On paper, this is not such great value

 

I should first point out that I have never read any other Robert Parker book, magazine or web forum (beyond a few glimpses). I will readily admit that the part of the wine business that he normally focuses on, and they way he does it, have little allure for me.

Much as I love wine, and much as I’d love to drink mature quality wines from Bordeaux, Burgundy, Rhone, Napa, and so on, I am not a collector of wine ‘experiences’ or points, and I have a limited budget I would rather spend on my family than on such wines. My interest in wine is much more cultural and prosaic.

So, when I was offered a copy of a new Robert Parker wine guide to review by the publishers, I almost automatically said “No!” However, I was intrigued by the title (and flattered to be asked), so I accepted on the basis that I wouldn’t guarantee to publish anything, … and I almost didn’t.

The guide arrived very quickly and I immediately started to leaf through it. Robert Parker’s “Great Value Wines” (seriously good wine at remarkably fair prices) does seem to be my sort of book in theory. Imagine having such a resource?! Great wines at reasonable prices (which means under £20). Superb shopping list ideas and a list of wines to recommend to friends looking for advice.

The country introductions are OK (short and generic), details about regions is limited or non-existent, but it immediately became obvious something BIG was wrong.

This book has a major flaw. It is a book.

Robert Parker has made a career, and considerable riches I’m sure, from minute assessment of wines that need to be tasted and retasted for every vintage and at different stages of their development, mainly so a certain part of the market, the investor, can decide on the ‘value’ of the wines without ‘wasting’ them by actually drinking them. Imagine!?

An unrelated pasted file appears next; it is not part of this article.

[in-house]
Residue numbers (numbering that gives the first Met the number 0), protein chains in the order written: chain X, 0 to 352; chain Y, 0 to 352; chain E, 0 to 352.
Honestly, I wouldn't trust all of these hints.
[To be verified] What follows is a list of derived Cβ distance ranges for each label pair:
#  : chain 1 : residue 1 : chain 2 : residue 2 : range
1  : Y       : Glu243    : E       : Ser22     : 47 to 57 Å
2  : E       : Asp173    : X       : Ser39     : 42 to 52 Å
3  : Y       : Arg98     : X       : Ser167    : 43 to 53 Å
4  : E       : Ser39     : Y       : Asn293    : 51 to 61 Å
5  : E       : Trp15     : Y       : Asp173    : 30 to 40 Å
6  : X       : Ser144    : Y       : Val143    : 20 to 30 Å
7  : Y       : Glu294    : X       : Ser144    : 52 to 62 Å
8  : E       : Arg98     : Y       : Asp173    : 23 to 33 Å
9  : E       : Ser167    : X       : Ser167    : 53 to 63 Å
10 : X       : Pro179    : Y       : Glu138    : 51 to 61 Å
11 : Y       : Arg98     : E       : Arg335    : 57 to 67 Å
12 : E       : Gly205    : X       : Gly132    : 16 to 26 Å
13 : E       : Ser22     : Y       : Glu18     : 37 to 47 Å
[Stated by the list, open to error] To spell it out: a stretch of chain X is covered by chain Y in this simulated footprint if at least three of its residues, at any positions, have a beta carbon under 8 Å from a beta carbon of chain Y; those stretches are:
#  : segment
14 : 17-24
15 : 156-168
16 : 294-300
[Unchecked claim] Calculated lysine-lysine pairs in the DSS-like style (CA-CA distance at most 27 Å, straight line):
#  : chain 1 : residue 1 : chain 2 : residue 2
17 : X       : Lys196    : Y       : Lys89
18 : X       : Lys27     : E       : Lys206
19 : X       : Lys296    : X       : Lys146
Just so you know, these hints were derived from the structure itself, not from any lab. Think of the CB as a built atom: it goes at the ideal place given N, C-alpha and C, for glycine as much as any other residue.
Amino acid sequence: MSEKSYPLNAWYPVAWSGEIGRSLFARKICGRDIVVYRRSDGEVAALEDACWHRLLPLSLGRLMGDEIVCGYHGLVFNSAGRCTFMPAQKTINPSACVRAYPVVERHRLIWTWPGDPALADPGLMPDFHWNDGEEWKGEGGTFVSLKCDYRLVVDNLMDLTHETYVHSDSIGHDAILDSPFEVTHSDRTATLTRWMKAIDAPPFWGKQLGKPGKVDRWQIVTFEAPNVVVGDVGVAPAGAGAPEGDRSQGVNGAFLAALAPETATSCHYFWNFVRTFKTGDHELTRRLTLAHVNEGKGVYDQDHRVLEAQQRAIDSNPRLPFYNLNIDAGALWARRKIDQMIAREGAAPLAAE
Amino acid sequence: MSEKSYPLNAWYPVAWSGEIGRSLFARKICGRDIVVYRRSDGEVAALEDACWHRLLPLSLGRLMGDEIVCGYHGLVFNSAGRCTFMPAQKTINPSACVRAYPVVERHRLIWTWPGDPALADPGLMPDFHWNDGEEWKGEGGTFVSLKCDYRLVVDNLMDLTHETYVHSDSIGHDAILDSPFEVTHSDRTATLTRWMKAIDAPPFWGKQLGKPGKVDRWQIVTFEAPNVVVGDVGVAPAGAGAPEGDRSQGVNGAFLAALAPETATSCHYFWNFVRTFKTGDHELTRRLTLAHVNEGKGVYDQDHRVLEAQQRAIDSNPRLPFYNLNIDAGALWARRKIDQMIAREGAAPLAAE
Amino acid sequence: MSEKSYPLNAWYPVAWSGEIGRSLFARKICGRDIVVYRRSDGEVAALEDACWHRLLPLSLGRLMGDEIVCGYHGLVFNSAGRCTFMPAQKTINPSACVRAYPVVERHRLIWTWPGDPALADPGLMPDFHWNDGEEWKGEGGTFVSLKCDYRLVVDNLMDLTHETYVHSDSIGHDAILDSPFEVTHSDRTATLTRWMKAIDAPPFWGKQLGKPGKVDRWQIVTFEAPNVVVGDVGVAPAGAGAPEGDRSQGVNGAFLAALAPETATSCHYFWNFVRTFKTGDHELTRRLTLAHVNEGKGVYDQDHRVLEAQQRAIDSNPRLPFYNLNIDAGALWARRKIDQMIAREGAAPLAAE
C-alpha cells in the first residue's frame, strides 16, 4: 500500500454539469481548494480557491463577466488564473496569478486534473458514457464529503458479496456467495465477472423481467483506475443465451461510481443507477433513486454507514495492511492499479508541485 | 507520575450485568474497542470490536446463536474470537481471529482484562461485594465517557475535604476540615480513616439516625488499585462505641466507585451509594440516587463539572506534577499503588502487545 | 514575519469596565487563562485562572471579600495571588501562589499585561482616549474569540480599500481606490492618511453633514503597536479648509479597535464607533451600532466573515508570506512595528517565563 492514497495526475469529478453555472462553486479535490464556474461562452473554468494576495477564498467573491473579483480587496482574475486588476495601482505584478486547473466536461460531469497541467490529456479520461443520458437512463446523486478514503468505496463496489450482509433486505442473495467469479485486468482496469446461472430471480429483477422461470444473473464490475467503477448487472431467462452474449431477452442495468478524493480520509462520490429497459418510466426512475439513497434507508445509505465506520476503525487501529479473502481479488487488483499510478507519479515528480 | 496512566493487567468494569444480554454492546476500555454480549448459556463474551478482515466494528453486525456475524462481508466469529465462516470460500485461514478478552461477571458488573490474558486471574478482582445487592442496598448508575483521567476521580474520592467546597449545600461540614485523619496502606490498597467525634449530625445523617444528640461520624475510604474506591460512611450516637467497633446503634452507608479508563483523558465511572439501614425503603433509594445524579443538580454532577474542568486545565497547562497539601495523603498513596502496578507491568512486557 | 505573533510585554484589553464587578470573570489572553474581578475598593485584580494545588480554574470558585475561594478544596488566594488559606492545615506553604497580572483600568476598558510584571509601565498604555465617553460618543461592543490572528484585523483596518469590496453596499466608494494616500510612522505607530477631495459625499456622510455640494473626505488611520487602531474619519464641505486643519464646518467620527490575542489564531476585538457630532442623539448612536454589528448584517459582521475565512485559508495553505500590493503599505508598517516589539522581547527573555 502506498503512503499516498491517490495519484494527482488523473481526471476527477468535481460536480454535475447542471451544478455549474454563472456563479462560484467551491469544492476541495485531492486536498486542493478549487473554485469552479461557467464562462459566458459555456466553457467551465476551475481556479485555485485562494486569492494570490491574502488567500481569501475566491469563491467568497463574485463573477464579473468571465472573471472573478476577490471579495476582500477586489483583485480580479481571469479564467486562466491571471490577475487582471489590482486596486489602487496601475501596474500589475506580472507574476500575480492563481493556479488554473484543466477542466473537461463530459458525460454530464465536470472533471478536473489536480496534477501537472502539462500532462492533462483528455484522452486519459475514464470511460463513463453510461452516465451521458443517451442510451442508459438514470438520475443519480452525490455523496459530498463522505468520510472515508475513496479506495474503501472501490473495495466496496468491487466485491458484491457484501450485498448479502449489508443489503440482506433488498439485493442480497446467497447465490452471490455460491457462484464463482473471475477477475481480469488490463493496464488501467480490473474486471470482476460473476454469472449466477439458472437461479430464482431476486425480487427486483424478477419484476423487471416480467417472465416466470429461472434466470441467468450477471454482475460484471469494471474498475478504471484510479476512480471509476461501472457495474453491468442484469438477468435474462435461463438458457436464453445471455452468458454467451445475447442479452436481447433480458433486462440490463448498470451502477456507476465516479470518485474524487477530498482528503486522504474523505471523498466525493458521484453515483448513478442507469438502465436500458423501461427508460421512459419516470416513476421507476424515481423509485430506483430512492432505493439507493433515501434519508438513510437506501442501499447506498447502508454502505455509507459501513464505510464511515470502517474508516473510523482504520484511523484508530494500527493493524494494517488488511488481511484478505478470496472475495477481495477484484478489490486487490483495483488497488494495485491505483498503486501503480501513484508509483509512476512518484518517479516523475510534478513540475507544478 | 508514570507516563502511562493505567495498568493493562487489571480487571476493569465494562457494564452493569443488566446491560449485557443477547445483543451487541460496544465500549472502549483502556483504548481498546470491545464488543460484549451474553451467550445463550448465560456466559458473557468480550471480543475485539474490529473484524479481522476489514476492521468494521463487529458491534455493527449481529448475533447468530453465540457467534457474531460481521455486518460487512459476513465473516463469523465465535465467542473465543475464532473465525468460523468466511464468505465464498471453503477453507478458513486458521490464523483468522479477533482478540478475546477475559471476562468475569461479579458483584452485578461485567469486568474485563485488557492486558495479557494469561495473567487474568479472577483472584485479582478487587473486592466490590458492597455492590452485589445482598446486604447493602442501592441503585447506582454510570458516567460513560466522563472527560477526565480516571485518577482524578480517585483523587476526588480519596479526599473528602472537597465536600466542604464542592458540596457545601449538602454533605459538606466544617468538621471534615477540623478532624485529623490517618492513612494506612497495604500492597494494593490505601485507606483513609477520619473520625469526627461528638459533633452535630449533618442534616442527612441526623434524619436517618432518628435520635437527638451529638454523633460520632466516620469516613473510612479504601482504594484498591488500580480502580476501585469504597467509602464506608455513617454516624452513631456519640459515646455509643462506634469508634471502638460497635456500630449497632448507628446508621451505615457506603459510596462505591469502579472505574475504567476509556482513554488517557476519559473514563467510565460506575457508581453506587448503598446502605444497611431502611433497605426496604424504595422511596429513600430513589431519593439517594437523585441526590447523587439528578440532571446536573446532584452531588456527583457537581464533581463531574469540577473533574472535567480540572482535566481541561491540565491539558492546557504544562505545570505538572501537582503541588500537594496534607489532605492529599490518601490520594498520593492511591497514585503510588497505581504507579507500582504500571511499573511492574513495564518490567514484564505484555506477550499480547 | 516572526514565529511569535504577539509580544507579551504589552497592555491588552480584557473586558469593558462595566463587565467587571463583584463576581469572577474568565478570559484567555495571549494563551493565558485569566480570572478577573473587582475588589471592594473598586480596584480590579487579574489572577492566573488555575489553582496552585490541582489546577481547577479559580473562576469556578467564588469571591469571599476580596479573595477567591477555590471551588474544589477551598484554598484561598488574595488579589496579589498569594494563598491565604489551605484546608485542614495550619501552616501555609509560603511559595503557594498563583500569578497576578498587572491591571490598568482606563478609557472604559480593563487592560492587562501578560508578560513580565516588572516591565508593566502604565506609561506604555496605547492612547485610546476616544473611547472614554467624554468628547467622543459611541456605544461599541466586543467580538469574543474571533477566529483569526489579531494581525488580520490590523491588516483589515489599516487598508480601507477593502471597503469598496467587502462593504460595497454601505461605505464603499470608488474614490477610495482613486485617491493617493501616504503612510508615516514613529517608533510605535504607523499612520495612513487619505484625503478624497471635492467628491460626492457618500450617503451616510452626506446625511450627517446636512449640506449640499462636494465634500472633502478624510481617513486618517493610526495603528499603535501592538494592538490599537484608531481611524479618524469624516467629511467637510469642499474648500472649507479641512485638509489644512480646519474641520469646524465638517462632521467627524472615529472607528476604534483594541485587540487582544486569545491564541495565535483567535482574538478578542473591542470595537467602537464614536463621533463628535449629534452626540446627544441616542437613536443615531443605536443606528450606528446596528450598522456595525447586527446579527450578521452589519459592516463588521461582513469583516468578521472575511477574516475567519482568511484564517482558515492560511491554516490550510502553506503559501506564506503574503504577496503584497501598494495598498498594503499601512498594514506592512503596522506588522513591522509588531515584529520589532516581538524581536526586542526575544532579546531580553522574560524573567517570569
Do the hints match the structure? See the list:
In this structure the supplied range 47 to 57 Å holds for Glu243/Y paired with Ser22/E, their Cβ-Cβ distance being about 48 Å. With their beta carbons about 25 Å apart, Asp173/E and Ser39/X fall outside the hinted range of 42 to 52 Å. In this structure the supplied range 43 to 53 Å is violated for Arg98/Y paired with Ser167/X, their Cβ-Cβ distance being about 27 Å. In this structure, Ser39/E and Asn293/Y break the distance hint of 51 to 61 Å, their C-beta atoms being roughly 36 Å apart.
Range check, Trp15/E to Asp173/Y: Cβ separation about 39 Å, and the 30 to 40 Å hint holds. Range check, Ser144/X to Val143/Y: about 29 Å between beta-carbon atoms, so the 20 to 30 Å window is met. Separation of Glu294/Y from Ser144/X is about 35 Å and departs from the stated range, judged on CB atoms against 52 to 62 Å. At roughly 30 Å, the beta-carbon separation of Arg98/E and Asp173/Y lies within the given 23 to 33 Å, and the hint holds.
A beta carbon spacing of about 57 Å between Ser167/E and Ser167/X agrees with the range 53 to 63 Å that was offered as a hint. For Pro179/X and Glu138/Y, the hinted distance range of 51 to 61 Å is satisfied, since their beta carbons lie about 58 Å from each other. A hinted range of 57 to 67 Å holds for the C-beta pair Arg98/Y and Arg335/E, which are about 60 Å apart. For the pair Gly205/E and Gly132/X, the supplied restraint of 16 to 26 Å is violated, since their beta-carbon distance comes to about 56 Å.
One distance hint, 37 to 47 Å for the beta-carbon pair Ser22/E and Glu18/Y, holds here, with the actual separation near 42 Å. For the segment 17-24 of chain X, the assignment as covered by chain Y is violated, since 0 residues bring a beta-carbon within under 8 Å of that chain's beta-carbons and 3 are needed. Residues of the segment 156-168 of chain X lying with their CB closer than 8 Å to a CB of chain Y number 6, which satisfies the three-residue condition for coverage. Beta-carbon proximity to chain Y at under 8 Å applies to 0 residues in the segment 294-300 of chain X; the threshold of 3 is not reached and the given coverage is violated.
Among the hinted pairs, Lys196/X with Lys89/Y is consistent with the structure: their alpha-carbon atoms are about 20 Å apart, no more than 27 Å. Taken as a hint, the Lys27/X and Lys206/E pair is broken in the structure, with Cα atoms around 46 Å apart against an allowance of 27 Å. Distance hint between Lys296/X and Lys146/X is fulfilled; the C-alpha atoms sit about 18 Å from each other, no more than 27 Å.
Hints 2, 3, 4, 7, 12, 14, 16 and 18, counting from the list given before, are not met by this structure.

So, how can he possibly publish a book about specific wines that does not contain any vintage information? Each wine, listed by producer by country, sounds great, but has only one tasting note which apparently relates to any year it might have been made.

[update: don't get me wrong, I think vintage differences in modern and larger volume wines are overstated, but Mr Parker makes his living from this]

The problem, of course, is that this is a book.

It takes months to take a finished manuscript and complete the printing and distribution of a book so as to get it in the hands of consumers. If you are writing a novel that is not much of a problem, but if you are writing about wines that are available now, then it is. Today most wine available is ‘current vintage’ only. Unfortunately for book publishers, this has a tendency to move faster than they do.

Robert Parker is not alone in this as Matt Skinner admitted in November. Skinner was accused of having ‘recommended’ specific wines from vintages he could not possibly have tasted, for the same reason – they would be available when the book was published, not when it was written.

The ‘Great Value Wines’ solution was to include some generic sort of tasting note or description and remove mentions of any vintage, although the results are a little artificial (and peppered with evidence that these were, at one time, notes on specific wines).

If only … this were a website!

This book has the feel of someone’s tasting database, extracted, filtered, with the vintage field removed, and then printed. It lacks cohesion.

Unfortunately it was probably more useful and easier to navigate in a database format.

However, the same data, posted online, could be a great introduction to these wine. What the web could do is link thirsty consumers to pages that offer greater details and differences of each vintage tasted by Mr Parker and his colleagues, updated regularly, and from there to retailers, producers, bloggers, consumer reactions, etc. No need to reprint, just update.

Now THAT would be worth paying for.

Unfortunately I don’t think the paper version is. Sorry!

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